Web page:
PETALING JAYA: Any housing project, especially affordable housing, should have access to basic amenities, industry players and stakeholders told theSun.

Emir Research head of social, law and human rights Jason Loh said affordable housing projects in Malaysia generally have basic amenities.

“Residents have internet connectivity and accessibility to clinics and schools. However, when it comes to low-cost flats under the People’s Housing Projects (PPR), certain amenities such as playgrounds and government clinics aren’t readily available. This situation could be counterbalanced with proximity to transport connectivity such as bus and commuter rail (LRT),” he said.

Loh noted that land scarcity is part of the problem that contributes to the lack of affordable housing being built near public amenities.

“The problem is land scarcity for affordable housing in the core areas of the Klang Valley conurbation or central Greater Kuala Lumpur. Hence, affordable housing has to be built in areas that are not as infrastructurally developed in terms of transport connectivity, particularly when it comes to rail transit,” he said.

Nevertheless, Loh noted that the government has been very sensitive to the concept of “transit-oriented development” (TOD) – the construction of affordable housing around easy accessibility to LRT and MRT stations.

“For example, the National Physical Plan Policy (NPP27) in 2005 and the NPP32 in 2010 clearly stated that ‘TOD shall be promoted as the basis for urban land use planning to ensure viability of public transport’,” he said.

To solve the issue of basic amenities being made available closer to housing for the masses, Loh suggested the government start with proper planning and consult stakeholders such as other ministries and agencies like the Health Ministry and Education Ministry, local governments, developers, buyers, and existing residents in the surrounding proposed development projects.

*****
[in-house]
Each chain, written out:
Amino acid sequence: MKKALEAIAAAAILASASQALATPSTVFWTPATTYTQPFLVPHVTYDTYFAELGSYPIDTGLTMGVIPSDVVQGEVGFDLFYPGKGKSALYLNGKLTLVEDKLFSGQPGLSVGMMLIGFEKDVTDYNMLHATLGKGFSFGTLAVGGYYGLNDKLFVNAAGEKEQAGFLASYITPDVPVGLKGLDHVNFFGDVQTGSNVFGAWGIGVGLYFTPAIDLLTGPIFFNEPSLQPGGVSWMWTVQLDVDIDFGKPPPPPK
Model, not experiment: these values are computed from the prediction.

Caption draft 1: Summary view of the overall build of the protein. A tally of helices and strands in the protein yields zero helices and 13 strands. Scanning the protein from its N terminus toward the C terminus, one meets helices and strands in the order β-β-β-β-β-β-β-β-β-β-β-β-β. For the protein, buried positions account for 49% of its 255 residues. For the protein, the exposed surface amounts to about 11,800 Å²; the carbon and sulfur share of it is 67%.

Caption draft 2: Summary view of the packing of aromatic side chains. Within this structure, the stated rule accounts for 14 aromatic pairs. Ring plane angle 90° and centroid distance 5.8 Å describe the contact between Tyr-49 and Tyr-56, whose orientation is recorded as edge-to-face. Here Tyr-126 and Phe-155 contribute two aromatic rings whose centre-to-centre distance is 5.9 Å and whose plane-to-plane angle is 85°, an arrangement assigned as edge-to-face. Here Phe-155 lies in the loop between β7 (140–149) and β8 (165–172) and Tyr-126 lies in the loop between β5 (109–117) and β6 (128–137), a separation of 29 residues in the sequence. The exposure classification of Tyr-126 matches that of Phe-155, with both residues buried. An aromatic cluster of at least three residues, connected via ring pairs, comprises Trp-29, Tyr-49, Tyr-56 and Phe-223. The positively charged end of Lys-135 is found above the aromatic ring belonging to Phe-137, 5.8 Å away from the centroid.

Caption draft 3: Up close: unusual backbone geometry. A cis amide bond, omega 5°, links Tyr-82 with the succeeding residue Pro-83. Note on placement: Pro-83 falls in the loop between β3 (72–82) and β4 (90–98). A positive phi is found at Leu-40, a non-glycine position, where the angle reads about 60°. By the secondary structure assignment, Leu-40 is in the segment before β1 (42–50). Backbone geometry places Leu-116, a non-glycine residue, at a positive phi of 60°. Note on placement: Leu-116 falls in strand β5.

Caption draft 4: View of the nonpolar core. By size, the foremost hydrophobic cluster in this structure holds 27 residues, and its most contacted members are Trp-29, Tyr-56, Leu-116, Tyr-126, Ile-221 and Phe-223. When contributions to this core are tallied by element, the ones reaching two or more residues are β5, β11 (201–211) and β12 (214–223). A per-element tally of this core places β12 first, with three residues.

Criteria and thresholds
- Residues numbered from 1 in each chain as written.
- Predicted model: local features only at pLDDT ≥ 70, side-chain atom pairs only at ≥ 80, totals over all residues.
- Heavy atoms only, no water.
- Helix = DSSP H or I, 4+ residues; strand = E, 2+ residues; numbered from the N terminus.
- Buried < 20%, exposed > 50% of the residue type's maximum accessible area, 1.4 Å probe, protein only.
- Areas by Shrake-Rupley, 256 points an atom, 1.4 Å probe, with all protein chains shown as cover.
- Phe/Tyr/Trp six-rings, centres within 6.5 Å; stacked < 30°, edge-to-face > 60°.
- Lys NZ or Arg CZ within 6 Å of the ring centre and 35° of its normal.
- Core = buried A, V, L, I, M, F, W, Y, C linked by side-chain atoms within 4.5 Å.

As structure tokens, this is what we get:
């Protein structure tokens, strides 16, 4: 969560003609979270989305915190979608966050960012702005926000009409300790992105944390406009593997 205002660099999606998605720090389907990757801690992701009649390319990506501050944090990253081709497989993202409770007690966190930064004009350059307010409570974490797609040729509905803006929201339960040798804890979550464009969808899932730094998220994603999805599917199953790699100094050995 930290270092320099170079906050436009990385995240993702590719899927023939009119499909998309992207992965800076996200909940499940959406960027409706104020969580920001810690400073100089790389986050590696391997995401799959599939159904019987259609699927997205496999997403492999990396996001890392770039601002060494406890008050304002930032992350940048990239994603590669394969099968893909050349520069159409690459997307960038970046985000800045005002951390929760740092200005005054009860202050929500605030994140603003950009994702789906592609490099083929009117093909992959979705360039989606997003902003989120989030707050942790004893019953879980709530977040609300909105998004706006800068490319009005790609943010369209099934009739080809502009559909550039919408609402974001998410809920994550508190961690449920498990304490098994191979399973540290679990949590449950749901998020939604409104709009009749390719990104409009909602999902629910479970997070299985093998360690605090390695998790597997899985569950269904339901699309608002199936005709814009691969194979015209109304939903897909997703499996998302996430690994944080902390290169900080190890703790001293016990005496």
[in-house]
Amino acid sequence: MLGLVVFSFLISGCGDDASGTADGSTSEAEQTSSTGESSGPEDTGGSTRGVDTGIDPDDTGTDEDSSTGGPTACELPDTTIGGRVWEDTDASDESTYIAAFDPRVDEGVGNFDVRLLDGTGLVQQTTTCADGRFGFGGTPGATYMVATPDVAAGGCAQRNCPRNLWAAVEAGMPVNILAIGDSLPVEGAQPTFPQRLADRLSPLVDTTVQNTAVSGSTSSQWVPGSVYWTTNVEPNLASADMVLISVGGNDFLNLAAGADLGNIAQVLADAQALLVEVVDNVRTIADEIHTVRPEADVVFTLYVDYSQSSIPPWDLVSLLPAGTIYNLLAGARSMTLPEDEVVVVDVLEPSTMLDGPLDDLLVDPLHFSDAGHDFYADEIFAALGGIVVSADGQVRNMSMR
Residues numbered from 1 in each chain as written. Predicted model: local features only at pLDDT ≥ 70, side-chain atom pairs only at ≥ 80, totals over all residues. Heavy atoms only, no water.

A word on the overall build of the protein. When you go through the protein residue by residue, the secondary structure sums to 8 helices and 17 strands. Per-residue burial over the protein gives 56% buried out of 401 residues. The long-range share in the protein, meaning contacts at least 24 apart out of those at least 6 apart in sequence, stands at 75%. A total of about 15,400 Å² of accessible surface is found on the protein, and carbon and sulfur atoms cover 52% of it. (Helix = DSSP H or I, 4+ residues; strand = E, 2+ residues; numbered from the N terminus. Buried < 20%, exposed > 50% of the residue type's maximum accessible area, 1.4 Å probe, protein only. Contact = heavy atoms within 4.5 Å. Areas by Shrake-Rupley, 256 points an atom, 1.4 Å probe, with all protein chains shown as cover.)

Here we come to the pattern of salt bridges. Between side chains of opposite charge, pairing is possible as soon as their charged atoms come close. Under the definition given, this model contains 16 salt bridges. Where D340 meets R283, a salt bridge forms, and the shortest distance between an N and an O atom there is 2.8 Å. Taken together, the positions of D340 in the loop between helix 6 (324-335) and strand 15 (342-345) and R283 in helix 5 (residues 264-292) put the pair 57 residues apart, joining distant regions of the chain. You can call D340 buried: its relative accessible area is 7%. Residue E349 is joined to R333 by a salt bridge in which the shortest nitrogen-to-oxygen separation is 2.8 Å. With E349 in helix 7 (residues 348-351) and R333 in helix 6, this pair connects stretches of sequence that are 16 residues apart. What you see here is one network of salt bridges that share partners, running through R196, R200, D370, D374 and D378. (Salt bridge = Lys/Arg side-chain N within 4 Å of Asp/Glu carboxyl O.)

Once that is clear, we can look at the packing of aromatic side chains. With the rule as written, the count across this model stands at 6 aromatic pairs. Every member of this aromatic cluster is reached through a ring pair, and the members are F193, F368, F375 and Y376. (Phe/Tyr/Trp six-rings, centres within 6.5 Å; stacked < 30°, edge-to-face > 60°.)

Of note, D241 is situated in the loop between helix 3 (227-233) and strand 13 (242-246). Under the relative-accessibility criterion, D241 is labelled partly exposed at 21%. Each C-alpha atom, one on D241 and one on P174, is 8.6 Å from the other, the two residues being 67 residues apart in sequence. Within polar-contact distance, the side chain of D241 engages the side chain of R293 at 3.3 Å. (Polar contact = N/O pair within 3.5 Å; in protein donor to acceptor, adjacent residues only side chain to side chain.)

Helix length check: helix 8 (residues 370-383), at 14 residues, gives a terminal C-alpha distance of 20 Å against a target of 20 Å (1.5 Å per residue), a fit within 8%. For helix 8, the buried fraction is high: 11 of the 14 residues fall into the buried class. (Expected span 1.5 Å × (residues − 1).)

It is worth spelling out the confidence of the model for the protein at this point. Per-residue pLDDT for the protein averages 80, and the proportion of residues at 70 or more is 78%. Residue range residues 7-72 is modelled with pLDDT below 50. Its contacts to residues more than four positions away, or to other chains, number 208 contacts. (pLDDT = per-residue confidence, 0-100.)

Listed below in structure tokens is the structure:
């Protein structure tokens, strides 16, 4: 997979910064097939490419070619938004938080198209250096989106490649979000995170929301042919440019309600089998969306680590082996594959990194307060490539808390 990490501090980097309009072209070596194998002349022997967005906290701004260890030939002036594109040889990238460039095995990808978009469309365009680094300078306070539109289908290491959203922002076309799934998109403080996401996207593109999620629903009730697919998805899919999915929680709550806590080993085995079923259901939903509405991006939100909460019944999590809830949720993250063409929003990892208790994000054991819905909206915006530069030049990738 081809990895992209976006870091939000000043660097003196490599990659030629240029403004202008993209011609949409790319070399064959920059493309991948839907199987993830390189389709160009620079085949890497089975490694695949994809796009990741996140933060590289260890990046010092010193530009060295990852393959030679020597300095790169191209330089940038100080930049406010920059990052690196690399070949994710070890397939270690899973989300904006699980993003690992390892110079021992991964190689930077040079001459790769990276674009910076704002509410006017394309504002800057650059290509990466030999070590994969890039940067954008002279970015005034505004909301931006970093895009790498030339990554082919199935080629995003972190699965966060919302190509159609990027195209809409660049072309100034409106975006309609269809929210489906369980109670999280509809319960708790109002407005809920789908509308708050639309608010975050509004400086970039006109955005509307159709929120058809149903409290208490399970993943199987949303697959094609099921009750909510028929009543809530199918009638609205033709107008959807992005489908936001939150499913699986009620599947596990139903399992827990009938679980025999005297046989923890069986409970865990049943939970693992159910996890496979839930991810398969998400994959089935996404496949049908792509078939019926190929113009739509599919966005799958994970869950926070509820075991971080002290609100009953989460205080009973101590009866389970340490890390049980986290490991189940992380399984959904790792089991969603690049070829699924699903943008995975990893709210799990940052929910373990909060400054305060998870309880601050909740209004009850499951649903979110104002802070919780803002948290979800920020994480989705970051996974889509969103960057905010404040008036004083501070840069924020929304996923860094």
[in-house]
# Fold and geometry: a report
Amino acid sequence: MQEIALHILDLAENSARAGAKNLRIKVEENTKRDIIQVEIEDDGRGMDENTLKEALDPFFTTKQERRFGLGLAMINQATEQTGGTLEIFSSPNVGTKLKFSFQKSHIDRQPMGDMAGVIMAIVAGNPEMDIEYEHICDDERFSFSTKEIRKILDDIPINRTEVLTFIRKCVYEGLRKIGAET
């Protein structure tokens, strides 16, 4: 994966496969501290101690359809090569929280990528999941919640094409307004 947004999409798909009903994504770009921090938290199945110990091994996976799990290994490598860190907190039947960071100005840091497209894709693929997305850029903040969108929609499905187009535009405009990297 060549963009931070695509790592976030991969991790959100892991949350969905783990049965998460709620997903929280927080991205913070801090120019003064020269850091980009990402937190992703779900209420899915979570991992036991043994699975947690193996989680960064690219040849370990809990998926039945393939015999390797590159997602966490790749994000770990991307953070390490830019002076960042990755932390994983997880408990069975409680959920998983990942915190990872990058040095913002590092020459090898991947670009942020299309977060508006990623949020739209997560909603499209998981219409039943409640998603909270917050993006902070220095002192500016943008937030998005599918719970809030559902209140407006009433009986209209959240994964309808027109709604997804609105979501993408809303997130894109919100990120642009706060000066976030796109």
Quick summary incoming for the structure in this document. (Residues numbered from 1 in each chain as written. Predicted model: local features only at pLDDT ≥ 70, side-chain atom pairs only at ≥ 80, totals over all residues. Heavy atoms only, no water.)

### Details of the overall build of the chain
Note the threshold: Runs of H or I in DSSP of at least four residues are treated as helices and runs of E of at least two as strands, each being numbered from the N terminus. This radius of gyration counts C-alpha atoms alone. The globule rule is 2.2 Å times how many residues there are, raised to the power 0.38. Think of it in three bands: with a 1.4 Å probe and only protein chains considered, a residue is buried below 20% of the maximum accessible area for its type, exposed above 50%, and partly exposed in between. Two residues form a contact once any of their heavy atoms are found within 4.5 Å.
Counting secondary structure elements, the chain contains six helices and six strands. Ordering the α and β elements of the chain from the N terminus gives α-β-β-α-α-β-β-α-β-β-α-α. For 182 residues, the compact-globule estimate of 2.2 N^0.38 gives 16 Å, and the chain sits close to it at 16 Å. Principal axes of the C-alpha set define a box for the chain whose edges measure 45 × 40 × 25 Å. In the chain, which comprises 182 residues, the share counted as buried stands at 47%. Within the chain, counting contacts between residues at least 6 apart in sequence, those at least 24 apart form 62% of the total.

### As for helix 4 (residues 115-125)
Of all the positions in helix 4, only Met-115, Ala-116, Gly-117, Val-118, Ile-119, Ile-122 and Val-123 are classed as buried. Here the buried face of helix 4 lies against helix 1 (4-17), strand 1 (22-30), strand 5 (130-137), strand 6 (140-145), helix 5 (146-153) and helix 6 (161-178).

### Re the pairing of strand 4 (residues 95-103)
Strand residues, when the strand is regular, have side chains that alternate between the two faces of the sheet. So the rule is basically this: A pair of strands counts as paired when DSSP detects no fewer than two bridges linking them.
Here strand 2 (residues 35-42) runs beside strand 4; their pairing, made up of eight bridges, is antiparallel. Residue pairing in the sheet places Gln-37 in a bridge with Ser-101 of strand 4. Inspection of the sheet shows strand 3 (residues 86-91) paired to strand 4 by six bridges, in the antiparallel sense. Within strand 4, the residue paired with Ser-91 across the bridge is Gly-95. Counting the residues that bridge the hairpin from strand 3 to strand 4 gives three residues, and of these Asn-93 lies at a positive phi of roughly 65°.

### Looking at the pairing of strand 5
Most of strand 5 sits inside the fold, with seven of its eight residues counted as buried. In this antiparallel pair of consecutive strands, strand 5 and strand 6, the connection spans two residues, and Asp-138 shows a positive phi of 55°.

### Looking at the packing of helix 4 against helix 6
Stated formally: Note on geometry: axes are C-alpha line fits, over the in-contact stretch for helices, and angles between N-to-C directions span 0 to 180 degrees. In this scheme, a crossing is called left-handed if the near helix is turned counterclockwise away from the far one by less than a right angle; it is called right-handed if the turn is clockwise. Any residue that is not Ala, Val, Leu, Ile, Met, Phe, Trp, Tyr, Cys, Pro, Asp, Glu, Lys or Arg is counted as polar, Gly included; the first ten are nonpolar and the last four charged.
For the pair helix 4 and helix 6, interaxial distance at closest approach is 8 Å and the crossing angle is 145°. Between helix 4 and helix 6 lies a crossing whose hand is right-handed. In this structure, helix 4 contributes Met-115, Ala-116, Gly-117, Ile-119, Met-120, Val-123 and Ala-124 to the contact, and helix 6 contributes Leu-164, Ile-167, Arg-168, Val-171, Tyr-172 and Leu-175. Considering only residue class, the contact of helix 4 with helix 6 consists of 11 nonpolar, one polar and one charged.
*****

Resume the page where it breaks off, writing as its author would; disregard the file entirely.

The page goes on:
“Planning and coordination of implementation and outcome is key. The problem in this specific area of affordable housing planning is that our bureaucracy lacks a proper long-term strategy and vision as embodied in the IOOI model – Input, Output, Outcome and Impact. We can be quite myopic in this regard,” he said.

He added that there is also a critical need for our planners to focus on the impact and implication of housing development and population relocation (and concentration) for the longer term.

“This means we should be planning also to meet the needs of a growing population by considering, for example, how to make the wider area to be more self-contained across the spectrum, not just in terms of transport connectivity but also office space and retail space especially the availability of hypermarkets,” he said.

“In turn, the multiplier effect will spill over into the upgrading of transport connectivity such as building rail transit stations that can in turn encourage the construction of more affordable housing in the location,” he noted.

Meanwhile, Khazanah Research Institute director Dr Suraya Ismail believes all homes should have basic amenities, whether they are in the affordable range or otherwise.

“Housing projects must not be seen in isolation from the higher purpose of creating a decent standard of living for all people, irrespective of the income levels. Therefore, housing projects should be located within the spatial planning or designing cities for society’s betterment,” she said.

She also noted that the alignment of public transport’s main routes to households’ travelling patterns should be more exact in order for households to experience genuine benefits of proximity to public transport.

“This is not necessarily the case and the value of locating affordable housing near public transport remains a numerical value, and artificial as well. The most recent figure from the Transport Ministry (2019) showed only 20% of the population using public transport.”

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